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One of the key choices a writer makes when figuring out the best way to tell a story is point-of-view: why does Lillian Ross efface herself as a narrator in her famous Portrait of Hemingway? Why does the great Joseph Mitchell — so diffident a presence in most of his work — turn himself into the main character (arguably) of his masterpiece, Joe Gould’s Secret? And what about John Hersey’s decision to adopt a kind of limited, third-person omniscience via his six point-of-view characters in Hiroshima? We will discuss how the right point-of-view can turn even drossy material into pure gold, and apply this wisdom to a bit of flash fiction we’ll write in class.
Due to COVID-19, all classes will take place online until further notice. If there's a possibility that your class might take place in person, you will be notified in advance. Even if classes can be held in person, there will always be a hybrid option to participate via Zoom.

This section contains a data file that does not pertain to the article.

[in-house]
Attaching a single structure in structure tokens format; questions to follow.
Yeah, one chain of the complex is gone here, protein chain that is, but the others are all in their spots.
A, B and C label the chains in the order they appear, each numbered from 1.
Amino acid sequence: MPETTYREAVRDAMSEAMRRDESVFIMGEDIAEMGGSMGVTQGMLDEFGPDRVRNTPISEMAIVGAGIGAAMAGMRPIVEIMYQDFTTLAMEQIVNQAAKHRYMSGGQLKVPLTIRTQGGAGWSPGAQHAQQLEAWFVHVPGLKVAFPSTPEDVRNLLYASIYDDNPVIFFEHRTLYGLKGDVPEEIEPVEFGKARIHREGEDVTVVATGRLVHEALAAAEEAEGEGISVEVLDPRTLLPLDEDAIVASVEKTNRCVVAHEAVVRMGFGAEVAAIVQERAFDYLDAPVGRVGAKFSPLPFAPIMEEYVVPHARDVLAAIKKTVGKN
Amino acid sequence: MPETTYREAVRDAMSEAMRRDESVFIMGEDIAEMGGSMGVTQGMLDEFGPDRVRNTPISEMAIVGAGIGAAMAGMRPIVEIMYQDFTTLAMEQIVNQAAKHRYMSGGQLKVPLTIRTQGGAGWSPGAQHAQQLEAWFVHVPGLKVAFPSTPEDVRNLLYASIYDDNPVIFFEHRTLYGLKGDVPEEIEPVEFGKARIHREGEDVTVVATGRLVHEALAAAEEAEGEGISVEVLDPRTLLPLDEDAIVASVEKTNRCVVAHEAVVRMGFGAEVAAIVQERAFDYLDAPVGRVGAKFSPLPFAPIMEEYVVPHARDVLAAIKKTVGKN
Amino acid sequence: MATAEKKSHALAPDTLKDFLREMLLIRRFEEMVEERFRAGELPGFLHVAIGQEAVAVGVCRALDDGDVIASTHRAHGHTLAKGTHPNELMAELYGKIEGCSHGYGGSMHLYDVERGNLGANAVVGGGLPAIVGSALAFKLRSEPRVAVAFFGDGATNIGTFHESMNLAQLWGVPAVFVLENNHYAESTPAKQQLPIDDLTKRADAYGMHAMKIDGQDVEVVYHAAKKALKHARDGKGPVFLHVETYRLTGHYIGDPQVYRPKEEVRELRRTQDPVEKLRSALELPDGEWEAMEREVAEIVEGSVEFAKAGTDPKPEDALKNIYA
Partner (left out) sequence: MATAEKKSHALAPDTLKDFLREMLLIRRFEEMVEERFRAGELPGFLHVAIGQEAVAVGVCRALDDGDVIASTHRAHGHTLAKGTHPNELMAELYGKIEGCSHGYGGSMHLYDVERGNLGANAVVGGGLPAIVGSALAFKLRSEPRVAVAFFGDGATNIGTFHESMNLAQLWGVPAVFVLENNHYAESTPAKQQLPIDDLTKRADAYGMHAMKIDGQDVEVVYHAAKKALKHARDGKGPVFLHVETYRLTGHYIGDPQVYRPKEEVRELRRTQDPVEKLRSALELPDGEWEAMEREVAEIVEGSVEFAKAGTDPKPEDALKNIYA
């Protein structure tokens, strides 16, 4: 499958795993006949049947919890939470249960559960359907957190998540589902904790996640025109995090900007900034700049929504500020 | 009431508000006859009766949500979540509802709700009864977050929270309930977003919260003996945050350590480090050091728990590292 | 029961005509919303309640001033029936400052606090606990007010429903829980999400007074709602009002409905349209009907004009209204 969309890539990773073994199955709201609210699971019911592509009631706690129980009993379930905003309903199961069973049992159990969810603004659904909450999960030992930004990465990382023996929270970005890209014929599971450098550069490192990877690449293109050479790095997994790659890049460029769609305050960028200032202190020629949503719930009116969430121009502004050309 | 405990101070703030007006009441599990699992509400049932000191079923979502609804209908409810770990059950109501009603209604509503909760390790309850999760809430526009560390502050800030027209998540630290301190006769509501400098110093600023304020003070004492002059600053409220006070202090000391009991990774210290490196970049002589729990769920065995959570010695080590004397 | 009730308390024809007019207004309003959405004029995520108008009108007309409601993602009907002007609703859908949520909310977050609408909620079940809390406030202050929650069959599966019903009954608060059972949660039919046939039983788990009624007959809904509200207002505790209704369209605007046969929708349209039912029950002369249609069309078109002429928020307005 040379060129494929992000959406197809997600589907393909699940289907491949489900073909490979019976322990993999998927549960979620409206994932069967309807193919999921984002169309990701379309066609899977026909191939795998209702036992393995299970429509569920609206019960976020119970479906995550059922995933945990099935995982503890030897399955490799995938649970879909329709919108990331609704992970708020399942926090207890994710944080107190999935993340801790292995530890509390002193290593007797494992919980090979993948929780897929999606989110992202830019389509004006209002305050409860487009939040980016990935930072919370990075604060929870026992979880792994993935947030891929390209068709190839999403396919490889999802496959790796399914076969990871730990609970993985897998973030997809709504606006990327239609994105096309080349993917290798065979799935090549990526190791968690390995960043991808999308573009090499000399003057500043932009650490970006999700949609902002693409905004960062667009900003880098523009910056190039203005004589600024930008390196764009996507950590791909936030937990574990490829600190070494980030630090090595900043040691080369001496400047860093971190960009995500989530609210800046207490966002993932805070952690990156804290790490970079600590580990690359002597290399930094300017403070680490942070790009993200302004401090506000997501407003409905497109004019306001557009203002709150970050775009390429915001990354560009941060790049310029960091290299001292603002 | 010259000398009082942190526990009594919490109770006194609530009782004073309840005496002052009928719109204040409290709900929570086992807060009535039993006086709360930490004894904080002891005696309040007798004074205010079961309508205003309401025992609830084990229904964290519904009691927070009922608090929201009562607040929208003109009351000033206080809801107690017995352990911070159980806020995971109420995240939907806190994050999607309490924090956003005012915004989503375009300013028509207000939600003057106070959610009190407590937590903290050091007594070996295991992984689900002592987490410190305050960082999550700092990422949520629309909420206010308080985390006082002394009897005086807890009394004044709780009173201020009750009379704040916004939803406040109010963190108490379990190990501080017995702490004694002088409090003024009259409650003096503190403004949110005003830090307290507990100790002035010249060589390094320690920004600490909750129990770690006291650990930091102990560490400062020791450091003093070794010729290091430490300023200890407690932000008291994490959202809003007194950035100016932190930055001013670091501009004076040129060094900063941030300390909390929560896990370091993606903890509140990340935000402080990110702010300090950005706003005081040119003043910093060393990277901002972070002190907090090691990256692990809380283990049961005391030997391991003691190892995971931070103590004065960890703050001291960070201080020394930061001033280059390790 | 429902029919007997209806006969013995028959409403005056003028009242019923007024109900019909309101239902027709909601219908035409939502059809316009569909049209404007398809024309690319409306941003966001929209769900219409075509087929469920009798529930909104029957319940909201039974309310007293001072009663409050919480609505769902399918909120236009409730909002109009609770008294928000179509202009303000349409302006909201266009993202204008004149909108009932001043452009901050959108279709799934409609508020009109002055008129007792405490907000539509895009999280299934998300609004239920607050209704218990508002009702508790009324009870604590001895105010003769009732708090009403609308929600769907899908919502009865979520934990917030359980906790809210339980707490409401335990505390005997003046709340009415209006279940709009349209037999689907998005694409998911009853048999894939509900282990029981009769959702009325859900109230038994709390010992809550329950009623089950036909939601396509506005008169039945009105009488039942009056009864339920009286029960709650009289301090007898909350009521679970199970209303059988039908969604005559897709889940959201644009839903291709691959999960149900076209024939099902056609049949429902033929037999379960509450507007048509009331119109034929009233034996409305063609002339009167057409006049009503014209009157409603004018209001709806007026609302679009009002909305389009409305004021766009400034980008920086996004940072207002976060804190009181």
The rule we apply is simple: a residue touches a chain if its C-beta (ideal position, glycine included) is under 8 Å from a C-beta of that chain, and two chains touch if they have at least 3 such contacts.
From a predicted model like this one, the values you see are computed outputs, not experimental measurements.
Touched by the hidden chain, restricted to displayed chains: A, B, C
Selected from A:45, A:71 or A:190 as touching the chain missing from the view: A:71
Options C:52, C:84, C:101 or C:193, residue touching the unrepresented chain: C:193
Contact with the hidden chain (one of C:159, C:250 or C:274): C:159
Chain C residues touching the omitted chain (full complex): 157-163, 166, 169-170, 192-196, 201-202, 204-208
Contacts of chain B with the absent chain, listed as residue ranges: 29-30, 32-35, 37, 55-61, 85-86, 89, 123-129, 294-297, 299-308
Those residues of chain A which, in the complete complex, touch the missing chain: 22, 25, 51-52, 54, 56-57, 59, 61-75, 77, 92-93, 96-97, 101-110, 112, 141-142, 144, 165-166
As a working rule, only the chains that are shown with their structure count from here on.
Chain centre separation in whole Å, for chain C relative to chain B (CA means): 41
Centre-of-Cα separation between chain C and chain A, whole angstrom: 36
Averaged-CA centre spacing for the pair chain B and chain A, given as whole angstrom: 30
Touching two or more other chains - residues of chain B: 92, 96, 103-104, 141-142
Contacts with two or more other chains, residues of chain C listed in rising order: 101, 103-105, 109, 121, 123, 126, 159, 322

Classes with "Zoom" in the title will be held via Zoom even after our doors open. Classes listed as "Online" will be held on Wet Ink, our platform for asynchronous learning.
All times are listed in Pacific Time.
Blake Bailey has written award-winning biographies of John Cheever, Richard Yates, and Charles Jackson, and is now working on the authorized biography of Philip Roth. His memoir, The Splendid Things We Planned, will be published by Norton in March 2014.